Considering what took place on the conference call and what took place AFTER the conference call, I find the Board's lack of subsequent communication with investors to be a lapse in judgement.
To give no reason for the departures and to make no statements other than that the company will commence a search for new executives is, in my view, treating the shareholders in a shabby manner.
The shareholders deserve to be told what difference of opinion between the management and the board led to this, if any.
In my opinion, the company now is "in play" for anyone that wants to buy it, especially given the extremely low share price.
It is archived on the company's Investor Relations page.
Go to the main company web page then add the following to it: investor-relations/financial-reporting
You should see the link to the audio of the conference call.
If they spin the TiO2 business the shareholders still own it, right?
They said the TiO2 business is worth $2.0-$2.5 billion.
That compares to a current market cap for the whole company of $2 billion.
hence, spinning it off will unlock alot of value.
Am I missing something?
Well, yes, the Rockwood Euro operations would be making money because the Euro has collapsed in value.
The $US operation is losing money because the US$ has soared in value.
The question I have is: How labor intensive is the production of TiO2?
Steel is very very labor intensive, hence the big competitive advantage of China.
The worst thing I can see is that the SSS for the franchised units looks very poor.
Midpoint of guidance is above the consensus estimate.
Just raised the divided recently.
Hedge fund raised its position recently.
was up earlier, now flat in a very weak market.
This is all #$%$....no, not your post, the company's report.
But, where do you see cash flow information. I see nothing that indicates any particular cash flow result for the quarter.
They claim difficulties in producing astaxanthin, yet inventories are way up vs end of the FY.
Apparently, the new equipment is NOT YET IN USE. "...increase in extraction costs as we make progress toward operating our new extraction plant at full capacity."
So, it looks as if they have a bunch of inventory that is "in process" and cannot be sold because it is unprocessed.
An article in the Austin Business Journal confirms that EZPW "may be looking to divest its Mexico-based financial services subsidiary."
According to the article, the unit posted a loss of $19.5 million in the quarter.
My understanding was that the loss was going to be a one-time thing because they were reclassifying any loan that wasn't entered into their IT system within 6 months as "delinquent" even if the payments on the loan were being made on time.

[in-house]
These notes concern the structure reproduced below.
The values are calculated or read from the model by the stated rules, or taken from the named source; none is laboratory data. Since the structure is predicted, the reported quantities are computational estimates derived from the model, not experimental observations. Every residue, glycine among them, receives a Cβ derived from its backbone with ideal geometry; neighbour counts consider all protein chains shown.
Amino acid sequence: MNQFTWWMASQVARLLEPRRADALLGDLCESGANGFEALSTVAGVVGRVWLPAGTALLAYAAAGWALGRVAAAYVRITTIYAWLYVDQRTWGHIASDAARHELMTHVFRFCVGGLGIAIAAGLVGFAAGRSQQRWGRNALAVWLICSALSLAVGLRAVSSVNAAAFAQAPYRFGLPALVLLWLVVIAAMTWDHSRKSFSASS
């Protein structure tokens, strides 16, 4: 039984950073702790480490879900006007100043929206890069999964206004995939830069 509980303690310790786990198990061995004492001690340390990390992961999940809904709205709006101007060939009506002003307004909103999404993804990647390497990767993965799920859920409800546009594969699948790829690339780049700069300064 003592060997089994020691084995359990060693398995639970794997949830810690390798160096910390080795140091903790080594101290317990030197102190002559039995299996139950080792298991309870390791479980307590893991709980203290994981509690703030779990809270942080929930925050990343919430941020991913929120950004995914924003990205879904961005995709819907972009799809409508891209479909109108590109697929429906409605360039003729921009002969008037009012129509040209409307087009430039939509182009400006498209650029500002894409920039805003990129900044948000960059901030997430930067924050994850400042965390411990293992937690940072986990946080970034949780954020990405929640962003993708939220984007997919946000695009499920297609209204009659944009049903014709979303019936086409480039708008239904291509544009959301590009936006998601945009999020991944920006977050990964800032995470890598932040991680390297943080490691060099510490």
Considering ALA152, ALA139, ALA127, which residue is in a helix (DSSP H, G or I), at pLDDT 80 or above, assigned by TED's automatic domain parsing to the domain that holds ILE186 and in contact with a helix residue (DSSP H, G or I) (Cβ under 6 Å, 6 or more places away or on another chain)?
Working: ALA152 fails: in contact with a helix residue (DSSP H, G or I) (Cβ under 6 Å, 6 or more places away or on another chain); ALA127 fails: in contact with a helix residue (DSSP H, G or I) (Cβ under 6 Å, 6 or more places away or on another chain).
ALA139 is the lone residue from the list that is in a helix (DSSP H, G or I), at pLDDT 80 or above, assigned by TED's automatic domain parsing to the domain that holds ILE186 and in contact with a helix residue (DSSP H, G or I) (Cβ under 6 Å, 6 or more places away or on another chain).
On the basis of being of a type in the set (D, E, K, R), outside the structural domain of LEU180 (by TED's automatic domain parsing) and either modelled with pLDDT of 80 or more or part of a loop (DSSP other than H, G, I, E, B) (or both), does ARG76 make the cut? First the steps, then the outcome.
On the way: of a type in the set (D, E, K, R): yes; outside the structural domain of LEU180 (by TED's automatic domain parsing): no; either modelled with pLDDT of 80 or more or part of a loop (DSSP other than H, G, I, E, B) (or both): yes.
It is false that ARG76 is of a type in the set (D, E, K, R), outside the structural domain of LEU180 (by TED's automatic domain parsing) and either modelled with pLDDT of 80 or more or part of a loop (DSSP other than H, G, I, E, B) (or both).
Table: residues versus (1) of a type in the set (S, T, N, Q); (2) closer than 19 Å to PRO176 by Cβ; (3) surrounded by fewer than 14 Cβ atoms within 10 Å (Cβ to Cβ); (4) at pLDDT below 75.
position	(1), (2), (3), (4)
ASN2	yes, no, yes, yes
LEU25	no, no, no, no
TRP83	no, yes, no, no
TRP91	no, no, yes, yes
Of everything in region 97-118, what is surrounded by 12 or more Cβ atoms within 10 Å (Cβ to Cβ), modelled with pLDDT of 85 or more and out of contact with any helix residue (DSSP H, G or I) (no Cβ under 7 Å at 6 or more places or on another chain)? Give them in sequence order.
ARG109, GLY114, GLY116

In my mind, this raises the possibility that the unit will be sold to cronies for a song based on the distorted earnings. basically, they can pawn their own subsidiary to some "insider" who knows he's getting a good deal.
This private equity / activist investor annonuced today that it had increased its stake in GNC from 4.3% to 6.3%, but it remains a "passive stake."
i think that's why the stock jumped $1 today.
Earnings are out tomorrow morning and the conference call starts at 8:30.
They have already told the Street that earnings would be at the high end of guidance.
So, the only major point of "unknown" that may be cleared up tomorrow is what they provide in terms of guidance.
The current consensus for the new fiscal year is $3.19/share.
Jimmy & Dog are both correct.
If ETP cut the distribution, ETE would get less in distribution payouts on the units it owns duirectly, but it would suffer a catastrophic drop in the amount of IDRs that ETP pays up to ETE for the privilege of having a GP in charge of it.
ETE desperately needs that cash flow in order to pay the debt service not only on its own obligations but on the debt it will incur when it closes the Williams deal.
You make serious charges but without specifying any claim.
What company failed?
I buy stocks, not frickin clues.
The Converts, which carry a 2.125% coupon, are currently trading around 60 cents on the dollar.
They mature on June 15, 2019.
If the bonds are paid off at maturity, the yield would be in excess of 19%.
The company could earn essentially a 19% return on its investment if it were to buy the bonds back.
Of course, they would push the price up if they were to try to do so in the open market, and a tender offer would need to be at a higher price.
There is $230mm (face value) of these bonds outstanding.
The biggest risk to the company is an inability to pay off these bonds in 2019 because of an inability
to access the corporate bond market and a lack of lenders willing to lend to a pawn chain.
Rather than use the proceeds to retire the debt, they could (should?) pay down only half of the debt and use the other half to buy back stock.
If they were to sell the MDS division for $200mm and used say $70mm for debt reduction, there would be
$130mm left for share repurchases.
At $32.50/share, that would retire 4 million shares, leaving 6 million shares outstanding.
With the defense business throwing off FCF equal to 75% of $30mm of EBITDA, that would be $22.5 million of FCF on 6 million shares or, about $3.50/share in FCF. At a 10% FCF yield, that would mean a $35 stock price.